Being from the Greater Toronto Area, I would often be on the computer every evening. There were personal sacrifices that had to be made. In the winter months, I would need to decide whether I would watch a Toronto Maple Leaf hockey game or get onto Lotus Notes and work on group cases or the readings for the week. On the bright side, the Leafs were generally quite accommodating once the regular season was over. Note to self–send thank you letter to Mats Sundin.
As touched upon previously, we have quite a diverse graduating class again this year. They come from various areas including companies from the profit and not-for-profit sectors, government, healthcare, and defence, to name a few. Each has had to make personal sacrifices while families and friends had to make certain sacrifices of their own. My teenage daughter had to relinquish the seat in front of the computer nightly?that often didn’t go over too well but there was an understanding of the importance and desire to complete the MBA program. I am certain that we all have stories of family sacrifices in order that our educational goals could be met. On behalf of the graduates here today, I would like to thank family and friends for being supportive and understanding. Sometimes the road was a little on the bumpy side but, in the end, we all know that we couldn’t have done it without you . . . a heartfelt ?thank you? is definitely in order.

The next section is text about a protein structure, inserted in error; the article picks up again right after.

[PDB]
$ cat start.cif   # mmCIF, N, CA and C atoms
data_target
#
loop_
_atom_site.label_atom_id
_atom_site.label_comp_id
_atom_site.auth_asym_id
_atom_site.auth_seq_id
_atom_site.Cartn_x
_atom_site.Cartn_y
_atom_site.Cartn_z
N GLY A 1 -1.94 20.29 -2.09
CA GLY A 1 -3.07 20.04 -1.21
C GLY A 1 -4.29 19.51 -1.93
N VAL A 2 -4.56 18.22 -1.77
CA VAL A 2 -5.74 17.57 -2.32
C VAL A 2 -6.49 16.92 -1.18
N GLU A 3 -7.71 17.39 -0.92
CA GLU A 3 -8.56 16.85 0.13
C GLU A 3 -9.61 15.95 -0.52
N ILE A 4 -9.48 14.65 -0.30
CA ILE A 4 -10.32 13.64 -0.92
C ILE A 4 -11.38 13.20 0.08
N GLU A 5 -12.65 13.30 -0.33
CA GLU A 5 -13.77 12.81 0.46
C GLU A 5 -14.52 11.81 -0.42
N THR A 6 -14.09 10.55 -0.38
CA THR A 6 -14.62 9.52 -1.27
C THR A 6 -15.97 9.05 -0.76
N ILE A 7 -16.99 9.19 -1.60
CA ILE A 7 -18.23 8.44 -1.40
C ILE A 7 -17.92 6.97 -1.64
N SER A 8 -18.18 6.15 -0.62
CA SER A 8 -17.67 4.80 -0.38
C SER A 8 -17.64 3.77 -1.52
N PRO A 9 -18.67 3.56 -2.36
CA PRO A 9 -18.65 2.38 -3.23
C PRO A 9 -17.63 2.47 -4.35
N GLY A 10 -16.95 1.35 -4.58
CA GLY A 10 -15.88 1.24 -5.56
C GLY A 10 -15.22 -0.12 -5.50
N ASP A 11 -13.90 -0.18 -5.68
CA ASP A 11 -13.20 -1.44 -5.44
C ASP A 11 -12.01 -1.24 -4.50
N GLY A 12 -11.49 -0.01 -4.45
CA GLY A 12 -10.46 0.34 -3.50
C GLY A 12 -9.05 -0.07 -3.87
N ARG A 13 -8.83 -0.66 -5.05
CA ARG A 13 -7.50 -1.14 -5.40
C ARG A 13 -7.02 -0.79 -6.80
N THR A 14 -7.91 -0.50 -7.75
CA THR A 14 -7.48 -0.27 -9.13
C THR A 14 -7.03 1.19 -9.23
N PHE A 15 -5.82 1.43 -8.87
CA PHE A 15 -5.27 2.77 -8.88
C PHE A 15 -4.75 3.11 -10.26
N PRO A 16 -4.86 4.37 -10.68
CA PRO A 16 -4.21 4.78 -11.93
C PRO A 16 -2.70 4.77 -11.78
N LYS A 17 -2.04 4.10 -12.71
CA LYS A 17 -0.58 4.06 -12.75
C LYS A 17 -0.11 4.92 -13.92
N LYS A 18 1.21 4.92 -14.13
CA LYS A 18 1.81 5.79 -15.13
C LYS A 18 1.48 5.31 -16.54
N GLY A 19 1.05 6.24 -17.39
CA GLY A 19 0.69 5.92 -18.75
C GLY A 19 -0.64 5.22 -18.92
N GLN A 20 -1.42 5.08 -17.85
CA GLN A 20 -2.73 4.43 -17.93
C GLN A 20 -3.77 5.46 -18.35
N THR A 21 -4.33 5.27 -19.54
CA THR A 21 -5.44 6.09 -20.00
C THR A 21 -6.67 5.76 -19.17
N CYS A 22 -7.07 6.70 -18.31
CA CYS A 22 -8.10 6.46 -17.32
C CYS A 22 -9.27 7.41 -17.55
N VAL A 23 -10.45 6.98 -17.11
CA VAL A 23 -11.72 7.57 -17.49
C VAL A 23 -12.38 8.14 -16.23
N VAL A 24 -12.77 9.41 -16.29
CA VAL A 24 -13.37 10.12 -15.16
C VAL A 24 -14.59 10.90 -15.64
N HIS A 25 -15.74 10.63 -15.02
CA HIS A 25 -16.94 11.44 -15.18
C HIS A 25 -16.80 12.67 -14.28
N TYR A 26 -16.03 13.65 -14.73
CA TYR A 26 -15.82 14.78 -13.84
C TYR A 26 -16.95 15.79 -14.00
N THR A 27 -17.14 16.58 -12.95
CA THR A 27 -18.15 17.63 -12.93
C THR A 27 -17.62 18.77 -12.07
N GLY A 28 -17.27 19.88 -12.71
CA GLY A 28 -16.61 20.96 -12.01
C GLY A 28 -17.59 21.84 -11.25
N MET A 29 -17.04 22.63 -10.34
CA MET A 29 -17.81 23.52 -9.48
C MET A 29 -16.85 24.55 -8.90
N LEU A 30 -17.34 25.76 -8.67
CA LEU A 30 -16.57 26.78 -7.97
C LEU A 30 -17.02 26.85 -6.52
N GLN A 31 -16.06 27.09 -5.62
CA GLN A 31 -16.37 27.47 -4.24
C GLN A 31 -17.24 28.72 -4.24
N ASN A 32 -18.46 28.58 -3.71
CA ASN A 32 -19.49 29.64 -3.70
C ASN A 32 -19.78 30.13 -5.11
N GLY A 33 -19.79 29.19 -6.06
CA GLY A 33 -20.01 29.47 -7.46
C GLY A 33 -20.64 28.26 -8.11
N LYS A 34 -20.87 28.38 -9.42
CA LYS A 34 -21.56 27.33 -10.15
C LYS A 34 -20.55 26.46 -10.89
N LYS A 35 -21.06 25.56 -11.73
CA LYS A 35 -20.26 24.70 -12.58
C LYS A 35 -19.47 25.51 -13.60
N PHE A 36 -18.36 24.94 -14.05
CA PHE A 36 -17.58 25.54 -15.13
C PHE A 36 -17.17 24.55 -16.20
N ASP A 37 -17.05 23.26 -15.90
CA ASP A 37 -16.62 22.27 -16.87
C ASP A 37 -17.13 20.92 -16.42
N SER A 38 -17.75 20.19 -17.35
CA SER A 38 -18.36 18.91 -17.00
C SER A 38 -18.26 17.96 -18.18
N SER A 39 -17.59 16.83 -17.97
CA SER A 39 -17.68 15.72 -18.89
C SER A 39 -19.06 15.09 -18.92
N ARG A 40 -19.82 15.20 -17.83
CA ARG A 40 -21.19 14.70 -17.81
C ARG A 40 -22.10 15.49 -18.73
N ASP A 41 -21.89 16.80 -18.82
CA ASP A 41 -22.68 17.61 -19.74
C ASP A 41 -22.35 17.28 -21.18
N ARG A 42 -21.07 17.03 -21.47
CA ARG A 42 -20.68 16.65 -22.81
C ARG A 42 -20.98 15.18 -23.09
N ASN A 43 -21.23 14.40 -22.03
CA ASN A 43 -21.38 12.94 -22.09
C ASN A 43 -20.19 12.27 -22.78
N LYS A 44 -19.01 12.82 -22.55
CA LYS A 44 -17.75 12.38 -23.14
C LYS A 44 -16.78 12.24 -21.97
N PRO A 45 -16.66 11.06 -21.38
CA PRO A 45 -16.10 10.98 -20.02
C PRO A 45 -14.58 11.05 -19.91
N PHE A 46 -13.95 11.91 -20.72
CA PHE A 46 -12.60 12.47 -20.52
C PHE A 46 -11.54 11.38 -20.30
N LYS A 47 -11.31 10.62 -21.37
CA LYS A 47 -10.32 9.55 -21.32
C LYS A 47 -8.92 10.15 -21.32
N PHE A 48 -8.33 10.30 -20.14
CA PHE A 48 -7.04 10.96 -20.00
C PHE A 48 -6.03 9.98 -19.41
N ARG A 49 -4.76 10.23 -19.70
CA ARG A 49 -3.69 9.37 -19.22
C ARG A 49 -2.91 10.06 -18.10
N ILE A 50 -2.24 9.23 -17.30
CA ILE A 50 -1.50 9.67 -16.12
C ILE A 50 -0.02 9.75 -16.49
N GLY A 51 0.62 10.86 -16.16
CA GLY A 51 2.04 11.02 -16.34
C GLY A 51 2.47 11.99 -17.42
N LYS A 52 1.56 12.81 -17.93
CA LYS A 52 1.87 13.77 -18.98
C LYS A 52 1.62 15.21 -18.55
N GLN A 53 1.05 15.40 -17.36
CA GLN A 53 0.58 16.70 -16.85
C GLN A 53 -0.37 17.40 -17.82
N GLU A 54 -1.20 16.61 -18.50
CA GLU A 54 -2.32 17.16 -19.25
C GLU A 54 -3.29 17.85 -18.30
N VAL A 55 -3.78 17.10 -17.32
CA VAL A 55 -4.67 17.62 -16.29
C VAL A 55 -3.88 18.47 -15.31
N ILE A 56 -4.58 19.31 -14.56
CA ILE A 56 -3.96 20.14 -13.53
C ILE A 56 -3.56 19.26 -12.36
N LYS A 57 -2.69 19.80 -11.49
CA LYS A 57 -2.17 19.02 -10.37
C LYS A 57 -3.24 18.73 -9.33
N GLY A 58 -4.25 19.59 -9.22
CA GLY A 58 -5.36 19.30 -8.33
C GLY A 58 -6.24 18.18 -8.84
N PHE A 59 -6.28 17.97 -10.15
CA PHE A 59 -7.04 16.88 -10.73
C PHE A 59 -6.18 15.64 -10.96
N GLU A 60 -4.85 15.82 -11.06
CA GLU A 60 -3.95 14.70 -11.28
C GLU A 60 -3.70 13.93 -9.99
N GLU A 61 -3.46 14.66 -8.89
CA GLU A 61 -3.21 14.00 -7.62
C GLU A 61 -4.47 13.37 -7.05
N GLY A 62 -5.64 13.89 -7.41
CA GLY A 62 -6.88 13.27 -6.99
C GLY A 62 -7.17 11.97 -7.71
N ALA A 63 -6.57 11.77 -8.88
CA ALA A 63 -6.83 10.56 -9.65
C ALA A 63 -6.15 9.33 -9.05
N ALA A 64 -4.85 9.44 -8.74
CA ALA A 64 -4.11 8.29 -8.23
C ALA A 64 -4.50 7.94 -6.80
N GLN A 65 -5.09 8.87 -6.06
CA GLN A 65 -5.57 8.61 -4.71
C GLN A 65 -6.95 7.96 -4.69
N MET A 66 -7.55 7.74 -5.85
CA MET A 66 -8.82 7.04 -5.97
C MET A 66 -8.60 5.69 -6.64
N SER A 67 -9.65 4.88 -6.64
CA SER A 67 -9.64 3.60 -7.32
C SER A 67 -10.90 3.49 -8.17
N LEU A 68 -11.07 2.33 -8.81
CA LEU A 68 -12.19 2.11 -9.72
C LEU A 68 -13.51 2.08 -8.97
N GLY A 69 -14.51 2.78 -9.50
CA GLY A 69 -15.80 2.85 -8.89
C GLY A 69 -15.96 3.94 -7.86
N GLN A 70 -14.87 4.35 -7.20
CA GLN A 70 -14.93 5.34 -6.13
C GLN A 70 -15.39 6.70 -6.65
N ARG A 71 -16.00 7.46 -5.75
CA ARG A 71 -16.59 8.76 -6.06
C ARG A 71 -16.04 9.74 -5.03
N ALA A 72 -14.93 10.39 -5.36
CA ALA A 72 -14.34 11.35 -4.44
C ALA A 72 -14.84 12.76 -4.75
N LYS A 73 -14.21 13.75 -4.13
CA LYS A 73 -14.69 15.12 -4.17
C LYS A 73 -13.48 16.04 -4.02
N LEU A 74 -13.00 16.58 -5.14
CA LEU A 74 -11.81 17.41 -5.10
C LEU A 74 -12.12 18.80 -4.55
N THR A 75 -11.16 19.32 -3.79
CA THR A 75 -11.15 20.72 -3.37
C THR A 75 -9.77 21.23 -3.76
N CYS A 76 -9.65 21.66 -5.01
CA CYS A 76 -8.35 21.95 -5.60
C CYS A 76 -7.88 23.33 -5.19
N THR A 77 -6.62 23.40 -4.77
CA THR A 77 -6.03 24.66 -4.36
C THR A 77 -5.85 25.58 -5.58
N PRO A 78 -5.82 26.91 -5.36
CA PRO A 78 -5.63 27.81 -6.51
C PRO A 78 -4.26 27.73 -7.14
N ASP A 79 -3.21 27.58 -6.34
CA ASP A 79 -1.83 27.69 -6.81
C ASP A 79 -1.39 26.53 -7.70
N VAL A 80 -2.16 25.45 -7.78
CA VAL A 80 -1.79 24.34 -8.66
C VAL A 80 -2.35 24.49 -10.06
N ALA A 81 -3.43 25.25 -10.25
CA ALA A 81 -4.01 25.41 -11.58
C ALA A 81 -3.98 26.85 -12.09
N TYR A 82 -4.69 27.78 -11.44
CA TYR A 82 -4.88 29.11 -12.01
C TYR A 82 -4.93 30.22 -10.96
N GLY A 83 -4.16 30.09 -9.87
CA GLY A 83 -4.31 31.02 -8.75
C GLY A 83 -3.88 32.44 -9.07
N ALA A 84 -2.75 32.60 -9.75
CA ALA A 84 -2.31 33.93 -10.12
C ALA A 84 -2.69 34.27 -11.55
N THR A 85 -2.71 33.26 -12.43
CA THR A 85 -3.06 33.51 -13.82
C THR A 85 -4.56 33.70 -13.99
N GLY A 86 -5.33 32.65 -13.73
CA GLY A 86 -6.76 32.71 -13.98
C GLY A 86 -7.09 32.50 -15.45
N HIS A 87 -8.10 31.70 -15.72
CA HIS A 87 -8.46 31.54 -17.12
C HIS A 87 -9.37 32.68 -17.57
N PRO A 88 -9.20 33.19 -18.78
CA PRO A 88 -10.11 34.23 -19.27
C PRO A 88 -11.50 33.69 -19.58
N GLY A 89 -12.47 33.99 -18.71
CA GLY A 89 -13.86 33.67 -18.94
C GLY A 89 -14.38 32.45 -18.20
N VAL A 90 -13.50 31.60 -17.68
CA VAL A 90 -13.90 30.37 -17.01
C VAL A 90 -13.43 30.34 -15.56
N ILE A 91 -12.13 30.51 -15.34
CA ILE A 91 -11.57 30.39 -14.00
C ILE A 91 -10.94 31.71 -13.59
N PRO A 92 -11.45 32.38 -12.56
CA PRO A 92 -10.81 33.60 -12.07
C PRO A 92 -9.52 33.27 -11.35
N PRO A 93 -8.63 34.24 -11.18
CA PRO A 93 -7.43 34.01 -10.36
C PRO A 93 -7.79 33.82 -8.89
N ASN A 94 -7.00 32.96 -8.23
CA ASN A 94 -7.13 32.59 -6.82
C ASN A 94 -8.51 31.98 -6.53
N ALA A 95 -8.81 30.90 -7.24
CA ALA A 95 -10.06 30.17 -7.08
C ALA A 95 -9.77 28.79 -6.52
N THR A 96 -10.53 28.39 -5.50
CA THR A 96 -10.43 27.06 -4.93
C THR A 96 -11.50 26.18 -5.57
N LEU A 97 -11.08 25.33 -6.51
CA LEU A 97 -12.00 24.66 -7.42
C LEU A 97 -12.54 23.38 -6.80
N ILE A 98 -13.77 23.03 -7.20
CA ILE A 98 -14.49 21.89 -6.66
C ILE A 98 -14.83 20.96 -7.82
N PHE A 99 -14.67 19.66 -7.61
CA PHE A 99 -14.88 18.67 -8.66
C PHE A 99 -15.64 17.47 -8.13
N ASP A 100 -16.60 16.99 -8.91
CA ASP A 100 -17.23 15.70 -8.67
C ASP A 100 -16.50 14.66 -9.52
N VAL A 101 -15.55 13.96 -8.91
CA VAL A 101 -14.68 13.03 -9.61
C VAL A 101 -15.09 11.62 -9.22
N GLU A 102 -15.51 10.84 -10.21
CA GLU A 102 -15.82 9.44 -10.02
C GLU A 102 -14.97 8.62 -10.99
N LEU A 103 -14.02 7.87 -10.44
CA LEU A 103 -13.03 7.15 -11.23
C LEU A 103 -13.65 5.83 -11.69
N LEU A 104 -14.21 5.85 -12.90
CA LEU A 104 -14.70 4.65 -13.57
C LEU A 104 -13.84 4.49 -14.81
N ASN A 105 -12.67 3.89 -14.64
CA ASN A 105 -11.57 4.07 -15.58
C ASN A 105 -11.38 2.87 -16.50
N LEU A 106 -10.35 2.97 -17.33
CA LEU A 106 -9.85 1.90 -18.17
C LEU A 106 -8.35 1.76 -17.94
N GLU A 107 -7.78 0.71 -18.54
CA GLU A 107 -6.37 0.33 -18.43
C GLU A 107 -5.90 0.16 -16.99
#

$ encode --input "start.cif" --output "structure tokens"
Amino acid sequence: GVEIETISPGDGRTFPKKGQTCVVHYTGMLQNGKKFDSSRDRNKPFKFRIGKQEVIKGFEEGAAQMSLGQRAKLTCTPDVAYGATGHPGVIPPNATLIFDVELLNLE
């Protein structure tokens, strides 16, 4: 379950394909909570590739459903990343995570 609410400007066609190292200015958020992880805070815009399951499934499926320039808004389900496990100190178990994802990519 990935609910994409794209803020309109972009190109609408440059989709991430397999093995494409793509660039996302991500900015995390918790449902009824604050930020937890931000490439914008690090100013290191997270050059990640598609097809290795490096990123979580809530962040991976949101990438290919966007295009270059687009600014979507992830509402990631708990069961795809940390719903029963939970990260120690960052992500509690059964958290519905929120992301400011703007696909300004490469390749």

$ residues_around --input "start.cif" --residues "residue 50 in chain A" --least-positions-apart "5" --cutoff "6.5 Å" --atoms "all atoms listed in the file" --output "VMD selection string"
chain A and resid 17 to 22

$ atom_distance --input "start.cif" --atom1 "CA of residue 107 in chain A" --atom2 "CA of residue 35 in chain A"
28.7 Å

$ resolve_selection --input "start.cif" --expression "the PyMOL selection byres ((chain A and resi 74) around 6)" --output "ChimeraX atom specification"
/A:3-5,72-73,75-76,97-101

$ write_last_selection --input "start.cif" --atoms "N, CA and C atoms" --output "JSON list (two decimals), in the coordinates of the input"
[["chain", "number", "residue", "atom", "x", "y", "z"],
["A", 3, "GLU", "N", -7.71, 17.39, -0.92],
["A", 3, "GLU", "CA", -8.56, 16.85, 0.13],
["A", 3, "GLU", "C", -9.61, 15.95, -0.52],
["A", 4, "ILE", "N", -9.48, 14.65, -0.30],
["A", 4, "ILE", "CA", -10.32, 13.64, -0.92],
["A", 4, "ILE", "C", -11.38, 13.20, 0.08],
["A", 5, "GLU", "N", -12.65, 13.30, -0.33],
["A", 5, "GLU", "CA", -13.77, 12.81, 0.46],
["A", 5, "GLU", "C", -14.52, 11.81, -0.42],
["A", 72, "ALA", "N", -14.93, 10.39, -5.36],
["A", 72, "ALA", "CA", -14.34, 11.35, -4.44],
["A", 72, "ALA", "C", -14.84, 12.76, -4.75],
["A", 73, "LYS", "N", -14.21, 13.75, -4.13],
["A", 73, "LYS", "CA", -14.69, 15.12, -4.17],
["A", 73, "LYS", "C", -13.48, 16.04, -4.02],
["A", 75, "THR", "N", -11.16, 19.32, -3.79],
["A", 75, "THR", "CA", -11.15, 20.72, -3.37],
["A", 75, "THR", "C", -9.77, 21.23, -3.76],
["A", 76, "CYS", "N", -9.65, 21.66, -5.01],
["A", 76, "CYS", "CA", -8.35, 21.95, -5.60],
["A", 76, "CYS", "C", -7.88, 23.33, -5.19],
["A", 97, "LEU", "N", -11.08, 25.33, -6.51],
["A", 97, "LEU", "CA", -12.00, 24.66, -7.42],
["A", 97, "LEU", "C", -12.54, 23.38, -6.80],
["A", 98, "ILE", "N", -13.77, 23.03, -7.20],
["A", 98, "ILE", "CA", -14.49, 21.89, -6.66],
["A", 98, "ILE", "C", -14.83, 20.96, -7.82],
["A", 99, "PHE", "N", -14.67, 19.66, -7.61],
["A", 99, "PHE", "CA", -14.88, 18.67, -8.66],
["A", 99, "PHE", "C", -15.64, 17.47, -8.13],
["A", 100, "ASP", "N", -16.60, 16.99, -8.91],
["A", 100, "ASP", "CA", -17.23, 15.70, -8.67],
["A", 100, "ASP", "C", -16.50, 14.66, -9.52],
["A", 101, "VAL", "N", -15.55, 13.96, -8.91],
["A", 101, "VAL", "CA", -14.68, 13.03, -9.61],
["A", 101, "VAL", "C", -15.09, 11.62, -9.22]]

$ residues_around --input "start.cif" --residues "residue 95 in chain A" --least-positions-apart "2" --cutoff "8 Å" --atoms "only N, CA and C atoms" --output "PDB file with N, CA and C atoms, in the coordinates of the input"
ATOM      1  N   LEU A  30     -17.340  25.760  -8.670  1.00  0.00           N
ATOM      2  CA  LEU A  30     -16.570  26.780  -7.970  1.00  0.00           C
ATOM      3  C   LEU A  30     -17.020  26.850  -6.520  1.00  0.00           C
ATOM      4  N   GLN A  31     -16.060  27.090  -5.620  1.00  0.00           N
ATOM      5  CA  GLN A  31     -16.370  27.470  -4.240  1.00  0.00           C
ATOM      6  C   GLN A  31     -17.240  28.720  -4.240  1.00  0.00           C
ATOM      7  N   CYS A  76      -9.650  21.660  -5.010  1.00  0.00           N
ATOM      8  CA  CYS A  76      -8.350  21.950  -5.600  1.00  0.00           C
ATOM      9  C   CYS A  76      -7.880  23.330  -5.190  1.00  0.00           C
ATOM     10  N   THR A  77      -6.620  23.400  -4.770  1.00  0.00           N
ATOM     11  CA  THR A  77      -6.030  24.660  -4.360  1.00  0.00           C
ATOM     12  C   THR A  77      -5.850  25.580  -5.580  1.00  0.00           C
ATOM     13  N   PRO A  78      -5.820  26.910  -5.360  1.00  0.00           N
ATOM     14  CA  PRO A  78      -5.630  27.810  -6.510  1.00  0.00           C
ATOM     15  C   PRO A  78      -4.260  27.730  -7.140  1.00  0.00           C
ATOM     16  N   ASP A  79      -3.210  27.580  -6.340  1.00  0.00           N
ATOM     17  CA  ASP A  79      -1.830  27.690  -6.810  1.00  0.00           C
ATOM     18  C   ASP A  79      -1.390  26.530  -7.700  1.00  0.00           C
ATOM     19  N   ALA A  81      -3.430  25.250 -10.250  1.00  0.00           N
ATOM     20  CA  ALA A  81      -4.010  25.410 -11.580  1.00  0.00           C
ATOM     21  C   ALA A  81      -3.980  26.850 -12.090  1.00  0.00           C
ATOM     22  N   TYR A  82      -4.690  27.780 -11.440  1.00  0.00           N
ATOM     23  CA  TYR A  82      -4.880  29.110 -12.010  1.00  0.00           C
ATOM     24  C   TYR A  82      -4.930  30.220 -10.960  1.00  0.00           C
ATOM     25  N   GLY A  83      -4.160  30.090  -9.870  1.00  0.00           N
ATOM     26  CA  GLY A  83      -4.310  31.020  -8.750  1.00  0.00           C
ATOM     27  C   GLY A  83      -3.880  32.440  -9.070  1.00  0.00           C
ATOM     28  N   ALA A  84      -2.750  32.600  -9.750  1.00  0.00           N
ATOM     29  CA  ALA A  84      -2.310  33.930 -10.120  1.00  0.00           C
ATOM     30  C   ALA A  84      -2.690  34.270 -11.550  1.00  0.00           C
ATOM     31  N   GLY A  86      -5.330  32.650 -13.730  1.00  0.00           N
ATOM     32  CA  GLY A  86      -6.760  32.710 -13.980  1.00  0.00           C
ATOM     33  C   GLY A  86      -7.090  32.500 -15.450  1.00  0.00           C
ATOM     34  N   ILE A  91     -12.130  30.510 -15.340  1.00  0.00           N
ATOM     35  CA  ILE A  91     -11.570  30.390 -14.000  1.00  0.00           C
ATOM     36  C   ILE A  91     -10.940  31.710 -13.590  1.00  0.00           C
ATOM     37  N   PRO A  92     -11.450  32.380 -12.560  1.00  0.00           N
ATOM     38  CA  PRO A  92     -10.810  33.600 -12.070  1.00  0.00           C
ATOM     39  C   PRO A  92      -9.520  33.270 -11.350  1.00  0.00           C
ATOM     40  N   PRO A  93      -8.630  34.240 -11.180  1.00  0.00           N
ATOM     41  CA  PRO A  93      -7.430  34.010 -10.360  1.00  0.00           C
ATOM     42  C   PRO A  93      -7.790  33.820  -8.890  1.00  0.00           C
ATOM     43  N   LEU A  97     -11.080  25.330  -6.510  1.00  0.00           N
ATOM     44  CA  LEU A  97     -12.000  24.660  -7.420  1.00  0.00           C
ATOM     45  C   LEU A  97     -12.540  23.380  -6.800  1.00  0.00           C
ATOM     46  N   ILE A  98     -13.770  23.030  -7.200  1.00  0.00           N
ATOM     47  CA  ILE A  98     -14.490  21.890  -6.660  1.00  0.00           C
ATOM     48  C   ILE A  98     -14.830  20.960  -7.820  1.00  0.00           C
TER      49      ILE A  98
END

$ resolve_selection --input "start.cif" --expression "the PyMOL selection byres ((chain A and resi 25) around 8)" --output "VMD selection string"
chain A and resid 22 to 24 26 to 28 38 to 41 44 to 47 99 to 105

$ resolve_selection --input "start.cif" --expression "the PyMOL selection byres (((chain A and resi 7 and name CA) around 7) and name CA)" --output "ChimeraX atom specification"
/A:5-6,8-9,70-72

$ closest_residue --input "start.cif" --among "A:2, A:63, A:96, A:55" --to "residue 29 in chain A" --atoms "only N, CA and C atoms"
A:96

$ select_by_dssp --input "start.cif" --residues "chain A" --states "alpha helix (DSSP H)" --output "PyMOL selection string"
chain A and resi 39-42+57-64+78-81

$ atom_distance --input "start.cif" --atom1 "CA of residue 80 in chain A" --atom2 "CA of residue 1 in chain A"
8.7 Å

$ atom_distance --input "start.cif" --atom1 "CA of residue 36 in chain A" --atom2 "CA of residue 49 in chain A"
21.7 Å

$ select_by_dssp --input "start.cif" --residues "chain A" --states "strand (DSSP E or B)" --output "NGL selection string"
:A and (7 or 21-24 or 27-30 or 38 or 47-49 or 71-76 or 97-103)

The faculty and staff at Athabasca also need to be congratulated on being able to deliver both high-quality graduate and undergraduate programs. Being distance education, there was an original concern that there would be obstacles inherent to such a program, whether it be administrative or in the delivering of the education itself. This concern was quickly erased as courses were well structured and executed smoothly, largely through course planning but also through the high calibre of the coaching staff. Athabasca has been able to effectively eliminate ?distance? and replace it with ?high quality and calibre.?
To my fellow graduates, congratulations . . . we did it! More importantly, we did it with the help and understanding of family who sit across from you today. For those families that could not be here for the celebration, I am sure that they are also just as proud of our accomplishments from afar. Graduates unable to join us today deserve special attention as they likely reside in far-off places and had more of a challenge juggling what I call the ?time zone differential.? In either case, we all appreciate your support and are happy that you were able to join us today.
Now please join me in congratulating the graduating class of 2007!